I usually write about other authors, but today I want to share with you an essay I wrote, with apologies to readers who have already heard about this publication through other social media channels.
Tag Archives: David Baldus
By Bryan Stevenson
Spiegel & Grau, 2014
Just Mercy is one of my favorite books so far this year. Part-memoir, part-social commentary, Stevenson tells the story of his law career, founding the Equal Justice Initiative (EJI) in Montgomery, AL, while also recounting the many hard cases he has worked on with the EJI since 1989.
I’m possibly hard wired for this book. My late father, David Baldus, was a death penalty researcher, working in the same community as Stevenson. I was brought up hearing about men on death row, mainly black men, who were sentenced to death for killing white people, men whose sentences were harsher than those given to black men who killed other blacks. My ear is open to Stevenson’s story, but I believe this book has universal appeal. Stevenson is a fluid writer and he tells such a powerful story—of all the injustices poor, mainly black, people face in our legal system. He takes on death cases proving the innocence of wrongly convicted men and mitigating the sentences of others. At the center of the book is the story of Walter McMillian a man who claimed he was wrongly convicted for a murder he didn’t commit. Stevenson also writes about his work to reduce excessive juvenile sentences—kids who are given life in prison for rape or robbery at 12 or 14. Winner of a MacArthur Award for his work, he is a champion of the under-represented.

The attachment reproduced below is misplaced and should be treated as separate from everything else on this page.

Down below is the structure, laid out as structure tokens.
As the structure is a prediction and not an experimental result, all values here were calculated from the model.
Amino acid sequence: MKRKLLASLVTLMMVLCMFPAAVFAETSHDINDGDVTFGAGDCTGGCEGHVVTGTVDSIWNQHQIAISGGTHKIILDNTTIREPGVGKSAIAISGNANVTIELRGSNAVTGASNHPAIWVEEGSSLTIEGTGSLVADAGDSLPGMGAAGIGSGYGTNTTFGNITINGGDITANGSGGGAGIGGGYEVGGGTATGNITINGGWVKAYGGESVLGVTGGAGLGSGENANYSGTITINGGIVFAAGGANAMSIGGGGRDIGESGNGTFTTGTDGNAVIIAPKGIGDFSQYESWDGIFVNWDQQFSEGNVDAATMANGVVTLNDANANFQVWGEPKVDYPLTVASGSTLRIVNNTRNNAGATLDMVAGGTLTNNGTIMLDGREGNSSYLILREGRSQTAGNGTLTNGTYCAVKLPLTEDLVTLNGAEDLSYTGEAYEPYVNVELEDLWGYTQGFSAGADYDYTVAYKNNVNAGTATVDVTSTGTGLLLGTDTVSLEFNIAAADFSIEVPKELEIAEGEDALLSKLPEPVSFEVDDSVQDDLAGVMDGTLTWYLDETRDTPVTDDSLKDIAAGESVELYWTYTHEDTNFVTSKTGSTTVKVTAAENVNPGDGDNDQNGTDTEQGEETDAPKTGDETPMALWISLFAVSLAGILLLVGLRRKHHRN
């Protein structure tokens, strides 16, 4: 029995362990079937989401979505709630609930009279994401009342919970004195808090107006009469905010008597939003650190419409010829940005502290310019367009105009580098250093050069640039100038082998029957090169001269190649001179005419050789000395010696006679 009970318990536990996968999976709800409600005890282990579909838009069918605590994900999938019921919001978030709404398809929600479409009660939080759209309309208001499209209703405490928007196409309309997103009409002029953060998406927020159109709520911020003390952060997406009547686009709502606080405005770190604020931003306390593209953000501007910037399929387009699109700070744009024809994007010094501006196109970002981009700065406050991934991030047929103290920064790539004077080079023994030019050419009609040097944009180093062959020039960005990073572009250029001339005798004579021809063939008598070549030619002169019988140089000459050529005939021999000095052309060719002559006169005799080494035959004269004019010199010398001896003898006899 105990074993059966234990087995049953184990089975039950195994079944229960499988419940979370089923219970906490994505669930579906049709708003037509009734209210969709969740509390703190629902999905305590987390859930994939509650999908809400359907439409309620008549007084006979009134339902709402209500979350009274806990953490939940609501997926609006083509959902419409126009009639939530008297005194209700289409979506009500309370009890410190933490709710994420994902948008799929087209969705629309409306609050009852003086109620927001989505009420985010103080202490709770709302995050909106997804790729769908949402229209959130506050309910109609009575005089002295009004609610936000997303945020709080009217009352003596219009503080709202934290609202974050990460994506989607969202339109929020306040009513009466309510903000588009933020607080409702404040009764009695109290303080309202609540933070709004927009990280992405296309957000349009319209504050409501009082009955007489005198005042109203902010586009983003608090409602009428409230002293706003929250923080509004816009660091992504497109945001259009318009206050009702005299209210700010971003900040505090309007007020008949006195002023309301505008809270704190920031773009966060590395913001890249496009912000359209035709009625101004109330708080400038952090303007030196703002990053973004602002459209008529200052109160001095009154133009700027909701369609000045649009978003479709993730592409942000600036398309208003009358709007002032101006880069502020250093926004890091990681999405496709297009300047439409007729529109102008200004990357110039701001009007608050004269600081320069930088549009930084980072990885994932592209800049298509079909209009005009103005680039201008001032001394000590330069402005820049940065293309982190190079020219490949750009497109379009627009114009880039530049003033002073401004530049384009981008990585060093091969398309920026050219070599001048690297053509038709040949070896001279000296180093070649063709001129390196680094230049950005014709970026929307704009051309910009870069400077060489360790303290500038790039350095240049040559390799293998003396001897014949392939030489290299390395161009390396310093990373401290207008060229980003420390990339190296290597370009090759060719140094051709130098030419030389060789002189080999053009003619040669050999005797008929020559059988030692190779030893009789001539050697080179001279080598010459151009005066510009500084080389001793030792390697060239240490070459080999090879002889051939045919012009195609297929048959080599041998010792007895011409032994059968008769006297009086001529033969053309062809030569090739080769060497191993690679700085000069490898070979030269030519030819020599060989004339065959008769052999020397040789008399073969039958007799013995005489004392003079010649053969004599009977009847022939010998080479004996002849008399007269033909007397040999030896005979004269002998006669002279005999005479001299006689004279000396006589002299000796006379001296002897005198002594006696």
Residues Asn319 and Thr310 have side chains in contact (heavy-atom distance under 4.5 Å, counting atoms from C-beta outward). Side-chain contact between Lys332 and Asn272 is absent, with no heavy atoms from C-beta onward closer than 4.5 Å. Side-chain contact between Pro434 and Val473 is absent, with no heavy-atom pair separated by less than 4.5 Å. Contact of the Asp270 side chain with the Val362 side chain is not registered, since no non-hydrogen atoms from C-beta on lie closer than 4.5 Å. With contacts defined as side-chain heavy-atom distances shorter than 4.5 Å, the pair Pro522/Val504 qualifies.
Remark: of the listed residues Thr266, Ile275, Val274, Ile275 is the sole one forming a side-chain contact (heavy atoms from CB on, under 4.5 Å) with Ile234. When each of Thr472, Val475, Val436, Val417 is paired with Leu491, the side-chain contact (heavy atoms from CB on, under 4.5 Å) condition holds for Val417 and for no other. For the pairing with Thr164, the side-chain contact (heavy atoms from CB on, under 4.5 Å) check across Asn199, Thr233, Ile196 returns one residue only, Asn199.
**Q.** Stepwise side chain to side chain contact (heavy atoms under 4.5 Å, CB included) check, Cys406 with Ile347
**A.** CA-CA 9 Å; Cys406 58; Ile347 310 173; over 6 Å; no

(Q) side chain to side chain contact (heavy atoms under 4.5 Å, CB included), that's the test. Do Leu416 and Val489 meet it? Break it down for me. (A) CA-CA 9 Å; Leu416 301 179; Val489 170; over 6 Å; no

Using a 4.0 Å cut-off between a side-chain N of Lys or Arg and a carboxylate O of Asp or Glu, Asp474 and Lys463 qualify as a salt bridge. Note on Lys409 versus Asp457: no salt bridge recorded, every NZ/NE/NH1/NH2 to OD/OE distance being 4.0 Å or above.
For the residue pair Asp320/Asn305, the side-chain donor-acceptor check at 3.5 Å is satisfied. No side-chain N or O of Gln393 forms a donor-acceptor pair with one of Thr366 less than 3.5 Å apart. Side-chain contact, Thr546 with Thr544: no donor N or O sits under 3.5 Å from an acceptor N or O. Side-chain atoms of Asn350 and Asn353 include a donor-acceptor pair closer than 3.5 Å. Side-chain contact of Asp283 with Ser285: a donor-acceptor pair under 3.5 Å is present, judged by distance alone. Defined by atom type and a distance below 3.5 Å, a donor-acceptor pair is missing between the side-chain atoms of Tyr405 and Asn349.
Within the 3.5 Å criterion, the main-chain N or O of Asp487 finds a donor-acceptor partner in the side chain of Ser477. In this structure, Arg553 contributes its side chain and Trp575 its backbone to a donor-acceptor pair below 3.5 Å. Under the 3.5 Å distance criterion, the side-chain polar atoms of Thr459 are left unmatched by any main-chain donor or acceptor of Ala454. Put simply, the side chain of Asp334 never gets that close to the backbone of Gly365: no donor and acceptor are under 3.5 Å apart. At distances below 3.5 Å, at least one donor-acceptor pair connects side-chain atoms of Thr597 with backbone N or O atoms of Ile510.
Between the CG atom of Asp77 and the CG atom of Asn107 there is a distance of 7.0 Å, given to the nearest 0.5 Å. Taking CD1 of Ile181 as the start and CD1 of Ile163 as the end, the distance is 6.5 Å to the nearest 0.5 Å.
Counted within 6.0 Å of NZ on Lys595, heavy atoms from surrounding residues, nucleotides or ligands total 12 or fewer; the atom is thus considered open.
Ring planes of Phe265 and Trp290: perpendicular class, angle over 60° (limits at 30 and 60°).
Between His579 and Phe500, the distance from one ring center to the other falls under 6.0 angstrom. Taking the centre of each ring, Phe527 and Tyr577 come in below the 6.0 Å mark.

I was given a copy of this book by a friend and before I read it my sister and husband had also devoured it, each of us reading the book in less than a week. For anyone interested in legal justice, Just Mercy is a must read.
Stevenson is the Executive Director of the Equal Justice Initiative and a law professor at NYU.